Comment: Washington Post’s ‘Top Secret America’
July 22, 2010 3 Comments
By JOSEPH FITSANAKIS | intelNews.org |
Like most intelligence observers, we at intelNews have monitored with interest The Washington Post’s recent investigation into the current state of the US intelligence complex. Authored by longtime investigative reporter Dana Priest and national security correspondent William Arkin, the three-part series offers a long-overdue examination of some of the most pressing issues in American intelligence. The articles are well written, detailed and informative, and intelNews recommends that they be read by all those interested in understanding broad trends in contemporary American intelligence. However, those readers interested in a sneak peak of some of the most important findings of the Post’s investigation, may wish to browse the helpful summary provided by Liz Goodwin, of Yahoo! News’ Upshot blog. In it, she delineates the main conclusions of the report, which –broadly speaking– focuses on three critical issues.
The first critical issue on which the report focuses is what its authors view as an inefficient, cumbersome and often redundant bureaucratic culture that continues to typify American intelligence work. Priest and Arkin found that the near-unprecedented increase in the size of the US intelligence community, which was initiated after 9/11, and which continues today, has in fact increased bureaucratic inefficiency, unnecessary overlap, and even turf wars between different agencies.
Second, the report denounces the increasing secrecy that characterizes intelligence operations in the post-9/11 environment. Its authors raise flags about the fact that the number of senior intelligence officials that maintain authorized access to the entire spectrum of the operations and output of American intelligence, continues to shrink. This phenomenon of increasing centralization of intelligence oversight in 21st-century America worries the report’s authors substantially.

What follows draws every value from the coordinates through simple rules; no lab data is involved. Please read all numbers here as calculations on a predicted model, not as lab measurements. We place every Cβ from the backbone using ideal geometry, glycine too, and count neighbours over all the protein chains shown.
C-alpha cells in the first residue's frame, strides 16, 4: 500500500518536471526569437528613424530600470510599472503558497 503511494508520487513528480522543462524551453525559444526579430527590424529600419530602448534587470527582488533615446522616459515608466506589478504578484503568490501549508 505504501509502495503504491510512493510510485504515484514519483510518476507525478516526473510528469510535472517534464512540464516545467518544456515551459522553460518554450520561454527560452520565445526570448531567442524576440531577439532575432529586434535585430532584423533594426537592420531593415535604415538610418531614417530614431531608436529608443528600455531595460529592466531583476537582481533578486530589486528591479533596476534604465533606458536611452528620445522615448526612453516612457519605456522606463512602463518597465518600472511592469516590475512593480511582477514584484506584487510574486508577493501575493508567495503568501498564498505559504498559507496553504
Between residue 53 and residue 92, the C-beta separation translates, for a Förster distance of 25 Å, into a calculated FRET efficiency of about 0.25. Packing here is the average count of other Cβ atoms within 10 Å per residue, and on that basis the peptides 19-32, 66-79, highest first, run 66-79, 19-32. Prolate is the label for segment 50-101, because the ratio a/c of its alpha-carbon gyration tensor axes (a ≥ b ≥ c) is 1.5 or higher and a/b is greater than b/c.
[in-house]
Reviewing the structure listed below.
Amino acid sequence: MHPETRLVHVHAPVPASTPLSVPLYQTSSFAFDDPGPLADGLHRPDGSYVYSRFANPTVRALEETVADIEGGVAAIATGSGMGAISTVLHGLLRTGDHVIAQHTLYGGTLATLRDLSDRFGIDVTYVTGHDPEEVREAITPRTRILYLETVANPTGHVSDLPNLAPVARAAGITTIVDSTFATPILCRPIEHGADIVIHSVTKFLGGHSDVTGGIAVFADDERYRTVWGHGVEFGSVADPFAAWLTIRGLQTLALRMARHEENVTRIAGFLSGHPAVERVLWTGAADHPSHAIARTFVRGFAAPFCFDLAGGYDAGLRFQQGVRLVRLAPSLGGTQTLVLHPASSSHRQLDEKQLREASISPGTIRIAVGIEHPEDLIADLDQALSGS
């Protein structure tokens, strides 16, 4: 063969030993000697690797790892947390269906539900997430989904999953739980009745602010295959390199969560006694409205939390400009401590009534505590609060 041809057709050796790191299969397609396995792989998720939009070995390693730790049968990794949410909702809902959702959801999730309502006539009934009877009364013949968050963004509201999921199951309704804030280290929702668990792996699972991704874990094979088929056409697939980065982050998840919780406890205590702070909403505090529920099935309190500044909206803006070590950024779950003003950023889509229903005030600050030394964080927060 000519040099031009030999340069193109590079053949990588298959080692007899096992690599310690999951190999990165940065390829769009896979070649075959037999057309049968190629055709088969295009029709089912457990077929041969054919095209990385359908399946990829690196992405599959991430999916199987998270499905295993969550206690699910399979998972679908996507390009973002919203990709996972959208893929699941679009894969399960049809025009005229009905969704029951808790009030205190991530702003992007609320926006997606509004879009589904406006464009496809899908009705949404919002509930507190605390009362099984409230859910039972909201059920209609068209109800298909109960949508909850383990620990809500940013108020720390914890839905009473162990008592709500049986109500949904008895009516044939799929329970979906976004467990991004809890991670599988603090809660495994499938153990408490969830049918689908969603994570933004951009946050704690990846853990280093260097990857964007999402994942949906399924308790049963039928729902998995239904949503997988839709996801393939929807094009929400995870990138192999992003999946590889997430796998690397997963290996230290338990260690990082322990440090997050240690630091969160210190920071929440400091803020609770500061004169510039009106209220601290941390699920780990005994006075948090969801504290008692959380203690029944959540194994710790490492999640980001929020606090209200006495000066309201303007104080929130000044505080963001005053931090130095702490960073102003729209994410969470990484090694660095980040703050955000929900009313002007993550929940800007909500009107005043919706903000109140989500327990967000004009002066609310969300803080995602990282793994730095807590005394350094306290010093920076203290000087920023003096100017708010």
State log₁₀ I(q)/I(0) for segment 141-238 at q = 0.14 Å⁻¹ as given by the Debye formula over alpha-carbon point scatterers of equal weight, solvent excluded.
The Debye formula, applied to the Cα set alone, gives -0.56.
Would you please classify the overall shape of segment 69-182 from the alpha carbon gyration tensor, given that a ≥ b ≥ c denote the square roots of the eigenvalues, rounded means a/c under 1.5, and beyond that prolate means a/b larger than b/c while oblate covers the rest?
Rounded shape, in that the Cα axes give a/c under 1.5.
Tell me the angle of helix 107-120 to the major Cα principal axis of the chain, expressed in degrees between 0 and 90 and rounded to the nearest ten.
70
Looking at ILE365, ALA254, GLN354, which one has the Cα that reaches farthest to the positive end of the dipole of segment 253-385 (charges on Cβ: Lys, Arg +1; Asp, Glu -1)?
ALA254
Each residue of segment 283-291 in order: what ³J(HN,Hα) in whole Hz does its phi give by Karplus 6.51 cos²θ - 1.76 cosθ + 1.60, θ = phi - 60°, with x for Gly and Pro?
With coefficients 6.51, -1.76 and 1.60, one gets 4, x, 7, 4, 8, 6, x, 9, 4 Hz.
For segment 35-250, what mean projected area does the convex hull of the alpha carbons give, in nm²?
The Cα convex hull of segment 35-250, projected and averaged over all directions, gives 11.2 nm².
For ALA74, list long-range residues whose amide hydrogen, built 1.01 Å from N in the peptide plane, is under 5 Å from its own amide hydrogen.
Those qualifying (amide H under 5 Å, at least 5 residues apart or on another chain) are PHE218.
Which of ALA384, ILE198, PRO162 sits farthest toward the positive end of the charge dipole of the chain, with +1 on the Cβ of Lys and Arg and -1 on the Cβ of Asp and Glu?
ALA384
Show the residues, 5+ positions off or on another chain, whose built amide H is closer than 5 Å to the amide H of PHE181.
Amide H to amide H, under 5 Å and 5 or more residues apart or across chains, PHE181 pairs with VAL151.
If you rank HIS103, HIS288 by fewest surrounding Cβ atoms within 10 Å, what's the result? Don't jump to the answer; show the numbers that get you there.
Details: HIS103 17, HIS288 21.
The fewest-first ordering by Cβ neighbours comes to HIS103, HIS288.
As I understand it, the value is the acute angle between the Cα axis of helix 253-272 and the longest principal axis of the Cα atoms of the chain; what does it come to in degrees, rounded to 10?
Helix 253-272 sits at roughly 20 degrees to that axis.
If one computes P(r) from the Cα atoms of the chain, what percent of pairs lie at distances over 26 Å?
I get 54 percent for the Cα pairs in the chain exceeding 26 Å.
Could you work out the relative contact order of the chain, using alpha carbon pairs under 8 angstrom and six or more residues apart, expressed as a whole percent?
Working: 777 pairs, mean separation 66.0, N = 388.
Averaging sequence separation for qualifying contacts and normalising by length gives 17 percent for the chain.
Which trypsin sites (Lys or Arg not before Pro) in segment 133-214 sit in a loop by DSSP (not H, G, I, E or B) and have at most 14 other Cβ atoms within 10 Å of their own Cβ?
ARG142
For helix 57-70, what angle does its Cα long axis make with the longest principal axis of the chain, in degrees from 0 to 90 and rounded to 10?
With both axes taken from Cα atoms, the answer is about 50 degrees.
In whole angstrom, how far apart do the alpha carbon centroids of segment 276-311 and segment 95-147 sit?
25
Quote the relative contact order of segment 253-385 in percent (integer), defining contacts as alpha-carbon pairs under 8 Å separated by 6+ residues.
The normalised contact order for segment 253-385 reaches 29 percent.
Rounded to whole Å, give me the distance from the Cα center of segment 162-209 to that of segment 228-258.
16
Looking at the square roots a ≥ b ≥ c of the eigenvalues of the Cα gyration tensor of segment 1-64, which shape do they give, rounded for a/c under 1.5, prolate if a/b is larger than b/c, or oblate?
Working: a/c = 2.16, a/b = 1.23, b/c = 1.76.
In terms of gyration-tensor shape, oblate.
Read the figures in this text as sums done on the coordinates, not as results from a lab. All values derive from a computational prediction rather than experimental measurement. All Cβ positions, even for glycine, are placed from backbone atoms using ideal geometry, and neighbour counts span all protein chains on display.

Third, Priest and Arkin raise alarm bells about what they see as the lack of accountability in the US community’s operations, which are now increasingly outsourced to private contractors. The latter’s history of cooperating with democratic institutions, and submitting to Congressional oversight, is either problematic or downright nonexistent. Where is this outsourcing trend heading, and to what extent does it endanger the very national security priorities that it claims to protect?
Regular intelNews readers will find none of the above concerns to be particularly new, as we have routinely highlighted these issues since 2008. But The Washington Post investigation is nonetheless important and useful. Most crucially, it manages to link all of these critical parameters of American intelligence, in an attempt to begin to address what is undoubtedly a most central question in domestic American politics: namely, is the work of the US intelligence community making Americans safer? The answer cannot be given lightly.